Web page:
A look at the design, market and legacy of Victorian pottery

Saturday, December 15, 2012

Majolica Spotlight: Wedgwood's Leaf Dessert Plates

Wedgwood's round grape leaf plates are a standard of the majolica form. The idea of solid green plates itself dates to the earliest Wedgwood wares, which were in production in monochromatic green glaze since the late 18th Century, actually pre-dating the invention of full color majolica by the Minton factory. This particular design, originally produced during the Victorian period, has been in almost continuous production ever since. Still in production today in lead free glazes, the Wedgwood round grape leaf plate is probably the most common majolica plate available.

There are two distinct variations of these plates, the first of which is a roundish plate with a ruffled edge and the second of which is this same leaf against a perfectly round basket weave design. This latter design is the oldest of the two designs while the former is the form in which the plates are still being made by Wedgwood today.

While they are usually made in a solid green glaze, they were also made briefly in full color during the late 1800's, when they functioned as part of Wedgwood's large Leafage series. These full color plates glazed in a combination of brown, yellow, green and sometimes pink, are rather scarce and can bring prices significantly higher than their solid green counterparts.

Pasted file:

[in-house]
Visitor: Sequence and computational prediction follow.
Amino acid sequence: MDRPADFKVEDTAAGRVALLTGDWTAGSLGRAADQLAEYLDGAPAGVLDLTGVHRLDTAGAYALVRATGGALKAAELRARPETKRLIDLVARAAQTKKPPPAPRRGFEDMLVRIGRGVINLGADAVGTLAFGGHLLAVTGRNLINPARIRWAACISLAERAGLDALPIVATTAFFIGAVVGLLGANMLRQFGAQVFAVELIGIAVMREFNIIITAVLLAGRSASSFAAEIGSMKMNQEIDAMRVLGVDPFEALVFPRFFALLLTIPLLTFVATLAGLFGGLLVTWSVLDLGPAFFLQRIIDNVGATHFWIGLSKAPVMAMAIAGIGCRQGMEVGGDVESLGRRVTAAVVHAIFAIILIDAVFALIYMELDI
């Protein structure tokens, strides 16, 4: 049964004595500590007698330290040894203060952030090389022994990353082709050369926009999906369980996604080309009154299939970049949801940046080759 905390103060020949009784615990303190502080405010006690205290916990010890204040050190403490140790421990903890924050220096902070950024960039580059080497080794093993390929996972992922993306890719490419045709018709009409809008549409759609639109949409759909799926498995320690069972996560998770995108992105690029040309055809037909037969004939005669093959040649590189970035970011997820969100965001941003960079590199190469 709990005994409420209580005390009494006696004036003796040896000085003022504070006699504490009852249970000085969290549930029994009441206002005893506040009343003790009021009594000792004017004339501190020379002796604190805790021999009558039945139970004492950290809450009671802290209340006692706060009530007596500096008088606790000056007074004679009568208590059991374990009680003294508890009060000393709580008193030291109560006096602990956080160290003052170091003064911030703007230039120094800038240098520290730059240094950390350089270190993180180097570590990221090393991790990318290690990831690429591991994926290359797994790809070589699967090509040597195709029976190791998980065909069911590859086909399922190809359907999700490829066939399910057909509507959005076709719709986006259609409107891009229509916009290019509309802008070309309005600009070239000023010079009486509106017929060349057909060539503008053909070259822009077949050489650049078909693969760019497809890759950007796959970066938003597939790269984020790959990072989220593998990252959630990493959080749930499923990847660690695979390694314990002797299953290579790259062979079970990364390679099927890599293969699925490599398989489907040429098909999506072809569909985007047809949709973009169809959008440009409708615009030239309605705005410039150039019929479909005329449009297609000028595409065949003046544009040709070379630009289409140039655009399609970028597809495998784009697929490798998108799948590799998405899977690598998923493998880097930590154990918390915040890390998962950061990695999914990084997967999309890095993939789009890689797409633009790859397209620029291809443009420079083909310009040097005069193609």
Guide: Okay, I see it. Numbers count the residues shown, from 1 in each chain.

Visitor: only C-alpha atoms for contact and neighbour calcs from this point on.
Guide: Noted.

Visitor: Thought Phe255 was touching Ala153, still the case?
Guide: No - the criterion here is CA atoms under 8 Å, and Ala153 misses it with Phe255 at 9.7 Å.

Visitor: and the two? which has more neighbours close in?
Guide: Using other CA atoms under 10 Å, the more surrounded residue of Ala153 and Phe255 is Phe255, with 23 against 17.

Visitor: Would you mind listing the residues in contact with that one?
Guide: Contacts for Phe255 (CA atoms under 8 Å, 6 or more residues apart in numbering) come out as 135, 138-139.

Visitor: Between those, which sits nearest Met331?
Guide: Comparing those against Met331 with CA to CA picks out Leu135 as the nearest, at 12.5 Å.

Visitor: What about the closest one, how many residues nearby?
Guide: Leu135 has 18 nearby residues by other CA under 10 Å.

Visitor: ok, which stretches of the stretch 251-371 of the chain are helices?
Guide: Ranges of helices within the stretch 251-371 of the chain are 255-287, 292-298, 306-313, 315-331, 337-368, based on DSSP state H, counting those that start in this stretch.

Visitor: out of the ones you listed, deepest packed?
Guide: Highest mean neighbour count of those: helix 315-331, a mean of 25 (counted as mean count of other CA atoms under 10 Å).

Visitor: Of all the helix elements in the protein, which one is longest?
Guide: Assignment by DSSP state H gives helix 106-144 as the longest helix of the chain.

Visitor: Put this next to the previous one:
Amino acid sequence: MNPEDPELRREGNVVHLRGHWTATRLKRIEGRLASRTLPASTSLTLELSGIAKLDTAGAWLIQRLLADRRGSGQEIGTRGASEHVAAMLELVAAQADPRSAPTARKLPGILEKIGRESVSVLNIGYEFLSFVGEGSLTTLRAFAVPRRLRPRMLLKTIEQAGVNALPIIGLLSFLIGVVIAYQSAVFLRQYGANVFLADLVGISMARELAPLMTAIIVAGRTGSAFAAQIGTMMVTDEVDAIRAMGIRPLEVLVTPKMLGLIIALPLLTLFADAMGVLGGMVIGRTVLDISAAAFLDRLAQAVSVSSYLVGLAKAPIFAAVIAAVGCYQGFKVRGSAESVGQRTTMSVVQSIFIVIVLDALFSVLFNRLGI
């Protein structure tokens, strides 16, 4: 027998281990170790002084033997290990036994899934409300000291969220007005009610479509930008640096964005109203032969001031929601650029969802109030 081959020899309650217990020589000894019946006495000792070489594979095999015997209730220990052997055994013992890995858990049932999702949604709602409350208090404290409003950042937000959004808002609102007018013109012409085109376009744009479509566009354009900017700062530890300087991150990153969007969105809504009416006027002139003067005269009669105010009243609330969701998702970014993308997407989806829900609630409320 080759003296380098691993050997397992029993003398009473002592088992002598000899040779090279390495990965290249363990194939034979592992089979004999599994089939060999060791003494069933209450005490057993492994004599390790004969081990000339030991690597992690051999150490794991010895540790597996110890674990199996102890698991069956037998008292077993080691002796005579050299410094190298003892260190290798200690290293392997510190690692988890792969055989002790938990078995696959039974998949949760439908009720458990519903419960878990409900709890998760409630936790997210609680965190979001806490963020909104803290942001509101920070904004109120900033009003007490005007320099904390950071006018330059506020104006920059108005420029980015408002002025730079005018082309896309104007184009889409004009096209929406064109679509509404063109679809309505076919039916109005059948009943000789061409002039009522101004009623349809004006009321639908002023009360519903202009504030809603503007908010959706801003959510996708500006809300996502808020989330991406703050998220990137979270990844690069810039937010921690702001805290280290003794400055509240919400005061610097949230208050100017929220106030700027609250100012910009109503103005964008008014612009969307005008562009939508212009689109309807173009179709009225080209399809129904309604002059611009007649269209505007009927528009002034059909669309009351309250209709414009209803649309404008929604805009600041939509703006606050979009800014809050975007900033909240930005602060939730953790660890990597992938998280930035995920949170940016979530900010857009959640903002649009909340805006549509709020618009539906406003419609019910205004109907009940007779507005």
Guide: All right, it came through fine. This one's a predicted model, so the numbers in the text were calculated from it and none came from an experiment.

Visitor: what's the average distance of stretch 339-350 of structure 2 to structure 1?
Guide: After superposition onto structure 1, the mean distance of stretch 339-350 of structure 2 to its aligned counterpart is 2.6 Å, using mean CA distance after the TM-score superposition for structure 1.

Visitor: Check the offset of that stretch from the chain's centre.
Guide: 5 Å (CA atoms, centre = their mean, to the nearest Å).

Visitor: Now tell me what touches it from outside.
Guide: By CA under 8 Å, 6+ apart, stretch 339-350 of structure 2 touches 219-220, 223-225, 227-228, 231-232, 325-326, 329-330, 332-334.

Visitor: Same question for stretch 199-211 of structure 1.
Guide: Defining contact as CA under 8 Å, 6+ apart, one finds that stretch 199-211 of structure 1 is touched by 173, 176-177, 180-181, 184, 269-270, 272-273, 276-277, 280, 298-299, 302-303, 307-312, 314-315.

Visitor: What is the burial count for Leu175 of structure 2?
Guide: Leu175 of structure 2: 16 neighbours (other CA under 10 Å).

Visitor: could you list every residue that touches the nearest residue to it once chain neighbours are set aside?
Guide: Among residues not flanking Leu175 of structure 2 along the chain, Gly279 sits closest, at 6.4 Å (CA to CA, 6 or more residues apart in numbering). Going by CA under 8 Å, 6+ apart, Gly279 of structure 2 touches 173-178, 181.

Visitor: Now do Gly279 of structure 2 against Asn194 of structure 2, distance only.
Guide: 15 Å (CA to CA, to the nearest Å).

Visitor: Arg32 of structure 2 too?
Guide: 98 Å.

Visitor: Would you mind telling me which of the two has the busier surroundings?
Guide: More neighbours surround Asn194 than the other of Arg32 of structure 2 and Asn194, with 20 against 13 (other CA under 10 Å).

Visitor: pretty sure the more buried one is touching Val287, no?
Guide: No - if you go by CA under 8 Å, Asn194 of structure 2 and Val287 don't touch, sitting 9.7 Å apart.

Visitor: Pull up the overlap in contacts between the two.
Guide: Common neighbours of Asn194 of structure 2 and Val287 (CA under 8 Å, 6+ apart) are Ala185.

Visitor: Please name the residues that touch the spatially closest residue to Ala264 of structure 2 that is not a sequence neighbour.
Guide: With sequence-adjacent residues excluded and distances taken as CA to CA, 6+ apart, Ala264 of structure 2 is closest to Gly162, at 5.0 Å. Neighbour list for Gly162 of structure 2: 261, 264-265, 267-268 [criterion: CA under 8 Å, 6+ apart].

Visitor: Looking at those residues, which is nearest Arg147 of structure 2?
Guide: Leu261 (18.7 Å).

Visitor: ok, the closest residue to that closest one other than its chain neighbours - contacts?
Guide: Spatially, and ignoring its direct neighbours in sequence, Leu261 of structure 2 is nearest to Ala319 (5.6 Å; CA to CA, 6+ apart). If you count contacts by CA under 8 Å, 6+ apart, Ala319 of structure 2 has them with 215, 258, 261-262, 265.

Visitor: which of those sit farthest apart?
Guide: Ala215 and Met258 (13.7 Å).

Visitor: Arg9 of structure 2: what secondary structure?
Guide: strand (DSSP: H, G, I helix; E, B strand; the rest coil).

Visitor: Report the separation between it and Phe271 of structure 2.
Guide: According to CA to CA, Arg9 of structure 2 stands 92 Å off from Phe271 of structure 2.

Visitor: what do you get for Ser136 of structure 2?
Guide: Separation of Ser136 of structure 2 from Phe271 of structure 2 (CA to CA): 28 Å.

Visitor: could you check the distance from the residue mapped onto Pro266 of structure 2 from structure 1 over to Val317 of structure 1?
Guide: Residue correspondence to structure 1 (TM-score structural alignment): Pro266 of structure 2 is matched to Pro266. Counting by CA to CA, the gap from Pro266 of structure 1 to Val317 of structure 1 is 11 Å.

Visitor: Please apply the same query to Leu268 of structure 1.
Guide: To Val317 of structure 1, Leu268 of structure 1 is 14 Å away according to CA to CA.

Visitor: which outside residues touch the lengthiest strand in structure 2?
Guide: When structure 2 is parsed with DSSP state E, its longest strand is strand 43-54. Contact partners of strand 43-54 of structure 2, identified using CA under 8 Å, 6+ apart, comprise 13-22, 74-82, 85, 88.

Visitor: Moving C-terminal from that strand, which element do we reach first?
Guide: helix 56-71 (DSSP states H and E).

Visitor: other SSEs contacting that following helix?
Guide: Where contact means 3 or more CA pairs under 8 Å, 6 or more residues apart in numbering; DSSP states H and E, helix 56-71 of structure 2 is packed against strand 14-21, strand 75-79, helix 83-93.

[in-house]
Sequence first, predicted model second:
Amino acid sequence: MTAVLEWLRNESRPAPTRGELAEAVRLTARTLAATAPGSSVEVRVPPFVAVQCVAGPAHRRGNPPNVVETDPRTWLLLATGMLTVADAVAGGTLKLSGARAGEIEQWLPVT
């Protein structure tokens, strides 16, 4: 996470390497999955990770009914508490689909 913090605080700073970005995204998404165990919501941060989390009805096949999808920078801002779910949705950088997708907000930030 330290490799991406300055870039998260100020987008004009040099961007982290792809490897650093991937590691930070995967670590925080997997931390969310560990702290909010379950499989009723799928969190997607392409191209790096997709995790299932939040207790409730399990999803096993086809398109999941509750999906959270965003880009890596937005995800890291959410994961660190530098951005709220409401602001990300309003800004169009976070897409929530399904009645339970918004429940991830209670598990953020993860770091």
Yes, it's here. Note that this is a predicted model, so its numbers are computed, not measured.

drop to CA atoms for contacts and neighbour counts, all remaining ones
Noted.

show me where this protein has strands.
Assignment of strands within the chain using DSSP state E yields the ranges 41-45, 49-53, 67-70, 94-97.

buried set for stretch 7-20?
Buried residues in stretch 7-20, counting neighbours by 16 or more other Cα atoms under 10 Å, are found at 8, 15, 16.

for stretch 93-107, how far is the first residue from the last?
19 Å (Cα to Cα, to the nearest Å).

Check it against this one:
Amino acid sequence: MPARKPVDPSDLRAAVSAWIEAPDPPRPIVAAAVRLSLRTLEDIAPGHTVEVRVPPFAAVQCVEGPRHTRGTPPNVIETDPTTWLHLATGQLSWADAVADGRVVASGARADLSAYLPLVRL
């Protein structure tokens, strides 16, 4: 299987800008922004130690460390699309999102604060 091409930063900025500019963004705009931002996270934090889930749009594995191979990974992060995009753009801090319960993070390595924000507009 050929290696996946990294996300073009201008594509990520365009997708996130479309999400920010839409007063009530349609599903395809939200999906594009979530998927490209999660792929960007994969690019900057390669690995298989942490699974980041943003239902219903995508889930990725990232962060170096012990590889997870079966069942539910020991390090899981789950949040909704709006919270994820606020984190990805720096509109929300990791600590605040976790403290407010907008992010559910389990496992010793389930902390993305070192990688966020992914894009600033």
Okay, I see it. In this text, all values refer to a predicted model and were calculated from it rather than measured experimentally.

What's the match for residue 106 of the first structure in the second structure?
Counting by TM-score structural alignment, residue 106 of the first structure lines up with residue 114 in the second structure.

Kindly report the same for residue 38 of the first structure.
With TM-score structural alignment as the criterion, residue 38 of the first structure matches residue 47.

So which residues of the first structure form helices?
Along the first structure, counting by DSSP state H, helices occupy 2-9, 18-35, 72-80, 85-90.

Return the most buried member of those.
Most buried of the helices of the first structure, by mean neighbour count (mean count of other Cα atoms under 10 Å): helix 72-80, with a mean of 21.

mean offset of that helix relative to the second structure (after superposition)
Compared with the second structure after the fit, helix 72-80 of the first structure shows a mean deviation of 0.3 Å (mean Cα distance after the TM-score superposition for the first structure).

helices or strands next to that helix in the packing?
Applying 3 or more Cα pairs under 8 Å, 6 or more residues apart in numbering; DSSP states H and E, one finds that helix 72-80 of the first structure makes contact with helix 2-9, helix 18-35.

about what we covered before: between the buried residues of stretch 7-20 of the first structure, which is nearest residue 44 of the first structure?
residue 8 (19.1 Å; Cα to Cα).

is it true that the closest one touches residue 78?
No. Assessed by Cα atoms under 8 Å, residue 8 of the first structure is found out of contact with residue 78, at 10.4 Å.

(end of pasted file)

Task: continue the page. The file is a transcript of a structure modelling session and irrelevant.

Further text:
Since this design has been made over such a long period of time, the only way to date these plates is by the reverse. The earliest plates bear the impressed Wedgwood logo, either with or without the three letter Wedgwood date code. They also have three sagger marks and no real foot.

After 1890 they bore the impressed word "England" in addition to the impressed Wedgwood name and date code. After 1910 they took on the "Made in England" stamp. These plates show sagger marks and a completely glazed foot.

After the Second World War they took on the name Etruria. Today's plates have the circular Etruria Wedgwood ink stamp on the reverse as well an unglazed foot which the earlier plates lack.

The price on these plates has remained rather consistent over the years. The older plates sell in the $50-$80 range where the newer plates sell in the $25-$35 range.
There are also matching dessert stands.

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